Linux File System Structure

Root Directory ( / )

–Top of the file system. Similar to \ in DOS

/bin

–Contain the binary (executable code) of most essential Linux commands, e.g. bash, cat, cp, ln, ls, etc.

/boot

–Contain all the files needed to boot the Linux system, including the binary of the Linux kernel. E.g., on Red Hat Linux 6.1, the kernel is in /boot/vmlinux-2.2.5-15 file

/dev

–Contain the special files for devices, e.g. fd0, hd0, etc.

/etc

–Contain host-specific files and directories, e.g. information about system configuration

–/etc/passwd

–This file contains login information of users in the system

–For every user, one line of record is stored in the following format:

login_name : dummy_or_encrypted_password : user_ID : group_ID : user_info : home_directory : login_shell

lE.g. davis:x:134:105:James A Davis:/home/davis:/bin/bash

–davis : login name

–x : means that it is a dummy password. The encrypted password is stored in /etc/shadow. This field can also be used to store the actual encrypted password. In any case, the original (unencrypted) password cannot be seen by anyone, including the administrator

–134 : a user id given to that user. Range from 0 to 65535. 0 is assigned to super-user. 1 to 99 are reserved

–105 : a group id given to that user to indicate which group he belongs to. Range from 0 to 65535. 0 to 99 reserved

–James A Davis : user info, usually user’s full name

–/home/davis : home directory of the user

–/bin/bash : the location of the shell the user is using

/home

–Contain the home directories of every user in the system, e.g. dlun, guest, etc

/lib

–Store all essential libraries for different language compilers

/lost+found

–Contain all the files on the system not connected to any directory.

–System administrator should determine the fate of the files in this directory

/mnt

–Use by system administrator to mount file systems temporarily by using the mount command

–Before using any devices, they have to be mounted to the system for registration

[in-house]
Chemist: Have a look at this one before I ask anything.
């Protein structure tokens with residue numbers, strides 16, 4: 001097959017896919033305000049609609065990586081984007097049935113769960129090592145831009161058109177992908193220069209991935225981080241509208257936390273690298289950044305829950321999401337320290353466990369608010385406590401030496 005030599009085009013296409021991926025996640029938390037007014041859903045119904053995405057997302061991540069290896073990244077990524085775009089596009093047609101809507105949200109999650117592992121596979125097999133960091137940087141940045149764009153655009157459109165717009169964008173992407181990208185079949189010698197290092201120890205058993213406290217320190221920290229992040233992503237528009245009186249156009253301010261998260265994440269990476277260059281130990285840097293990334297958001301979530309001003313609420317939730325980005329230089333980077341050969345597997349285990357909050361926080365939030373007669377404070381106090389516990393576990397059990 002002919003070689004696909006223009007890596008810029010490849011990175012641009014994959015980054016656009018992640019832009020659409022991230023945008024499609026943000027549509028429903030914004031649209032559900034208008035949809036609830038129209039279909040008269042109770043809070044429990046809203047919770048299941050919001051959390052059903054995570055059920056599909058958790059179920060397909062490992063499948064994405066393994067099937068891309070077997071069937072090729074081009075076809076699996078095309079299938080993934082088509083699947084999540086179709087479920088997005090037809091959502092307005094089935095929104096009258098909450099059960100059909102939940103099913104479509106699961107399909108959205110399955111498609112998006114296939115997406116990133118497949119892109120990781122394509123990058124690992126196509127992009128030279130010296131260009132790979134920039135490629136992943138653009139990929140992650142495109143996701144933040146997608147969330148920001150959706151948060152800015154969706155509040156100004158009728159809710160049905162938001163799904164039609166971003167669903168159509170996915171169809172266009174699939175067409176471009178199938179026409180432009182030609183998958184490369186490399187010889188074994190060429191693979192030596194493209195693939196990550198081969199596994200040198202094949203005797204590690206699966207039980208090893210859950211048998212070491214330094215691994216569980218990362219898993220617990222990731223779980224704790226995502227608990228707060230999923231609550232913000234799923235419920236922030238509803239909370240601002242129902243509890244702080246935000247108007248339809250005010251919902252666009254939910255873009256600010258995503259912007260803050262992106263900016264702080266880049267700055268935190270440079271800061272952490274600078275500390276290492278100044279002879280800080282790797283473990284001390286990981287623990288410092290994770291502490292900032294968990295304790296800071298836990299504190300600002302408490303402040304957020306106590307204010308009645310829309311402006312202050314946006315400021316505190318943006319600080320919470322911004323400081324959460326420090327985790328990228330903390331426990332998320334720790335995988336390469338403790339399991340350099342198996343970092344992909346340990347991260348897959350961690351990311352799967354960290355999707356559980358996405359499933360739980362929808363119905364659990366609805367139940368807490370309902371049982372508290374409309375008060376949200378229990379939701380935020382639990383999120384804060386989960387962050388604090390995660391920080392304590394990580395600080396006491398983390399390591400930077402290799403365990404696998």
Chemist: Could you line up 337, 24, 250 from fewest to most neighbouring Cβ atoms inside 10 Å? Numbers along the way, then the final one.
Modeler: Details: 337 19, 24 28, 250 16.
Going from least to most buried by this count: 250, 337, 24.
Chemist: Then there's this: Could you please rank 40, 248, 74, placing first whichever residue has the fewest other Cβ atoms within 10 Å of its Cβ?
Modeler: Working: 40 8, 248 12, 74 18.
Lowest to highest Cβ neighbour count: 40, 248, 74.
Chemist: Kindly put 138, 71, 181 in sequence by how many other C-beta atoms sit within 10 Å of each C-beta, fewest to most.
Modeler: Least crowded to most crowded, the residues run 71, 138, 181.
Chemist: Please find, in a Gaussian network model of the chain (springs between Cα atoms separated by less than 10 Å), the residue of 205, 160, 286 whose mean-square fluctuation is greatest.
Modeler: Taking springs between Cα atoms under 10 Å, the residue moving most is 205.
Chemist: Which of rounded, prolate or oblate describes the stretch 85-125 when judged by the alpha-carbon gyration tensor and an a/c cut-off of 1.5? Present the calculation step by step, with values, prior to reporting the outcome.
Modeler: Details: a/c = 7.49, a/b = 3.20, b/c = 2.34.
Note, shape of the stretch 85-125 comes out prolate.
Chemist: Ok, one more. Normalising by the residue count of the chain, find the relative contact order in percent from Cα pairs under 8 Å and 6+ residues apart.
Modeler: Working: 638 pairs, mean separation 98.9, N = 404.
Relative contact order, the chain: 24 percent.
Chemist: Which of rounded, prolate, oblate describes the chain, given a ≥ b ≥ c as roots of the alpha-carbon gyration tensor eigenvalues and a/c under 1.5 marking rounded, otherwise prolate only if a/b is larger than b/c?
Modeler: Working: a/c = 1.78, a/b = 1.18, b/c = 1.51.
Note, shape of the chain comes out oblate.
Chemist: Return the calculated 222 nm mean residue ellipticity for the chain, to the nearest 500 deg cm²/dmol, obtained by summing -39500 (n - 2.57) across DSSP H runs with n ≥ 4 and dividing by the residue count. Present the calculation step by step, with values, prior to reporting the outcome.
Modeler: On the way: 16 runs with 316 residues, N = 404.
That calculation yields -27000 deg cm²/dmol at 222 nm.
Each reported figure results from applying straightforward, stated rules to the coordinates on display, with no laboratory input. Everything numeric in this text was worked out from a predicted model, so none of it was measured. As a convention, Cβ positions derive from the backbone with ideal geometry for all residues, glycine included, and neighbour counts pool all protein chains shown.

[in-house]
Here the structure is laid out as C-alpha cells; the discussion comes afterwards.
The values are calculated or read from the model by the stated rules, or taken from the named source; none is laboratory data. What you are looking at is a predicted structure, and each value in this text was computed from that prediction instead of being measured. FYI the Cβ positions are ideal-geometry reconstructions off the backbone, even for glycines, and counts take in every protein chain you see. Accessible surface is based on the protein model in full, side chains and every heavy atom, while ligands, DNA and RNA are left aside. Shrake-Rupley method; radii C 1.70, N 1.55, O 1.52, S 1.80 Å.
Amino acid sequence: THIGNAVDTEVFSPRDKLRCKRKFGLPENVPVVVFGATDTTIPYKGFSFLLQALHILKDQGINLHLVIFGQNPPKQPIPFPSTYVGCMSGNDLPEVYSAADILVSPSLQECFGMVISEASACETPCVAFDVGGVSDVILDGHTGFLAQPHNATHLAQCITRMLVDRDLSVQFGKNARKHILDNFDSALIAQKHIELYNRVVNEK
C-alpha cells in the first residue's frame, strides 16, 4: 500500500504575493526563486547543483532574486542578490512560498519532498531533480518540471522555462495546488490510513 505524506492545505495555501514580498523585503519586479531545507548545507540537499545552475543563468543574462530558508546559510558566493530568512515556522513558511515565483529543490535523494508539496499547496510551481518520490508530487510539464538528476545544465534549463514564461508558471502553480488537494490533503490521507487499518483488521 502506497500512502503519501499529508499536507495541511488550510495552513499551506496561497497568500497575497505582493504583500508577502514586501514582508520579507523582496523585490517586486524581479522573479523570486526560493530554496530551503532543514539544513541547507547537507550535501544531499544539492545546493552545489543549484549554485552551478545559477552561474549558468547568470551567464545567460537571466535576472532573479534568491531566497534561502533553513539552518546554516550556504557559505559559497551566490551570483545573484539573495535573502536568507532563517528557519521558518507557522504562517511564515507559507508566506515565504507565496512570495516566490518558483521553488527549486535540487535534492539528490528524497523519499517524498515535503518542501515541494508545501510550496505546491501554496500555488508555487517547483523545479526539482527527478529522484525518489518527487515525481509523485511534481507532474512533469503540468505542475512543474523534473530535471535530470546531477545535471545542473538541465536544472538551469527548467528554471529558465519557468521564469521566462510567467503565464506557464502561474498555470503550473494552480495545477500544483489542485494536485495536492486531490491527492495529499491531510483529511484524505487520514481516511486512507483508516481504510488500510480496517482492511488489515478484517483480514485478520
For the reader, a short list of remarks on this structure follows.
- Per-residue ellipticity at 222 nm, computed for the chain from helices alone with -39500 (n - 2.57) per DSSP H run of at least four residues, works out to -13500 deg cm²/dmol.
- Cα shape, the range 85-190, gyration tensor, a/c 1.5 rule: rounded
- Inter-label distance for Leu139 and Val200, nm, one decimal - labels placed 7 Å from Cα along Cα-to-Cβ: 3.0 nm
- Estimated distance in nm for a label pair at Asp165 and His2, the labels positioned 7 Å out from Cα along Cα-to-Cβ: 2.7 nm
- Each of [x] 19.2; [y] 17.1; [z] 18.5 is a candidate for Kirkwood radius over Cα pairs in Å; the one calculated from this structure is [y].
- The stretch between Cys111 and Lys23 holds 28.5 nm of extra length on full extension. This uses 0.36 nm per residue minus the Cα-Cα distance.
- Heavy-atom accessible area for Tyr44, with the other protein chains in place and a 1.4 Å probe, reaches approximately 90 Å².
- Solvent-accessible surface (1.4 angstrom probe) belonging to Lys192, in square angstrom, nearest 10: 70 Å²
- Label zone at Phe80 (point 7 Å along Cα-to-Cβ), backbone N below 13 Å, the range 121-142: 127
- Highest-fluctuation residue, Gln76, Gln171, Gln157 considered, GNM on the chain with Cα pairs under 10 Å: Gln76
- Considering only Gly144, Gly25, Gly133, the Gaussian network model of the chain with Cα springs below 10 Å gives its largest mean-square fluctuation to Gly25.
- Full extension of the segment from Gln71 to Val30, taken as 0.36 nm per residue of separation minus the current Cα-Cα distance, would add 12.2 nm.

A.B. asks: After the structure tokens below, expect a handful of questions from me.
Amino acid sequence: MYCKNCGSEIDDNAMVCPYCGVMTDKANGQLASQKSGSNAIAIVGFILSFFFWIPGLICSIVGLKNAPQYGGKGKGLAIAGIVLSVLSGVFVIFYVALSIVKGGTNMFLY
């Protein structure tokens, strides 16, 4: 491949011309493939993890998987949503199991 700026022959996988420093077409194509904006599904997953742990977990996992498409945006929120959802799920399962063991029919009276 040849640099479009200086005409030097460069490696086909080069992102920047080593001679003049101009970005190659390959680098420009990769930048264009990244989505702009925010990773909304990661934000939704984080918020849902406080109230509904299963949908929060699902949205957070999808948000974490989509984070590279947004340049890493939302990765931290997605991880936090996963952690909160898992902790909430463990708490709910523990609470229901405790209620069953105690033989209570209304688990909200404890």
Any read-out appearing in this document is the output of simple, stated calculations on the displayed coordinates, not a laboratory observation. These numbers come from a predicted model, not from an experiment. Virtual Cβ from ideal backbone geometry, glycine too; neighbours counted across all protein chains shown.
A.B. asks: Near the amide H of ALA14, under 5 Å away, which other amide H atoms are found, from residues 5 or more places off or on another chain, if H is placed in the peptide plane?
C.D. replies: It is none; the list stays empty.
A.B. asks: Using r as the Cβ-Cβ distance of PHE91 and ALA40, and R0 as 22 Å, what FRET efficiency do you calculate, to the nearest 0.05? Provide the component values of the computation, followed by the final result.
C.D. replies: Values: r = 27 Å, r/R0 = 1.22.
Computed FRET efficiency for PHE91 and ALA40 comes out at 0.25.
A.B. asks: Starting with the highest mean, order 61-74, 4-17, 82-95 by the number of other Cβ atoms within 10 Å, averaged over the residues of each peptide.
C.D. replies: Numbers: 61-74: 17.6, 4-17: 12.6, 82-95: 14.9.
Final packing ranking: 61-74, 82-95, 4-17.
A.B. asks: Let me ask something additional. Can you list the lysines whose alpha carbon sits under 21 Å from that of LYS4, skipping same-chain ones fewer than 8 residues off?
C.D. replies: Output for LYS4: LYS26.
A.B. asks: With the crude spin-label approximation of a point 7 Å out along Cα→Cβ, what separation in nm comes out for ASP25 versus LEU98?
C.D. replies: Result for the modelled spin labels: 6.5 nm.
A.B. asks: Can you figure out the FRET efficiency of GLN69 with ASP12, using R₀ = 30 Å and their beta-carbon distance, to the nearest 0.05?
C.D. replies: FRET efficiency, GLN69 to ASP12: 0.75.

–For example, after mounting a CD-ROM, the file system in it will be mapped to /mnt/cdrom directory

–User can then read and write files in the CD-ROM by accessing this directory

–Similar to mapping a drive letter to a CD-ROM in Windows

–Different from the special file in /dev. Special file is only a place where data of the CD-ROM is transferred or stored. No file system concept

/opt

–Use to install add-on software packages, e.g. star office, etc.

/proc

–Contain process and system information

/root

–Home directory of the user root, usually the administrator

/sbin

–The directories /sbin, /usr/sbin, and /usr/local/sbin contain system administration tools, utilities and general root only commands, such as halt, reboot and shutdown

/tmp

–Contain temporary files. Usually files in this directory will be deleted from time to time to avoid the system fills with temp files

/usr

–One of the largest sections of the Linux file system

–Contain read-only data that are shared between various users, e.g. the manual pages needed for the command man. Stored in /usr/man direcrtory

/var

–Contain data that keeps on changing as the system is running. E.g. /var/spool/mail directory keeps the mail of user

 

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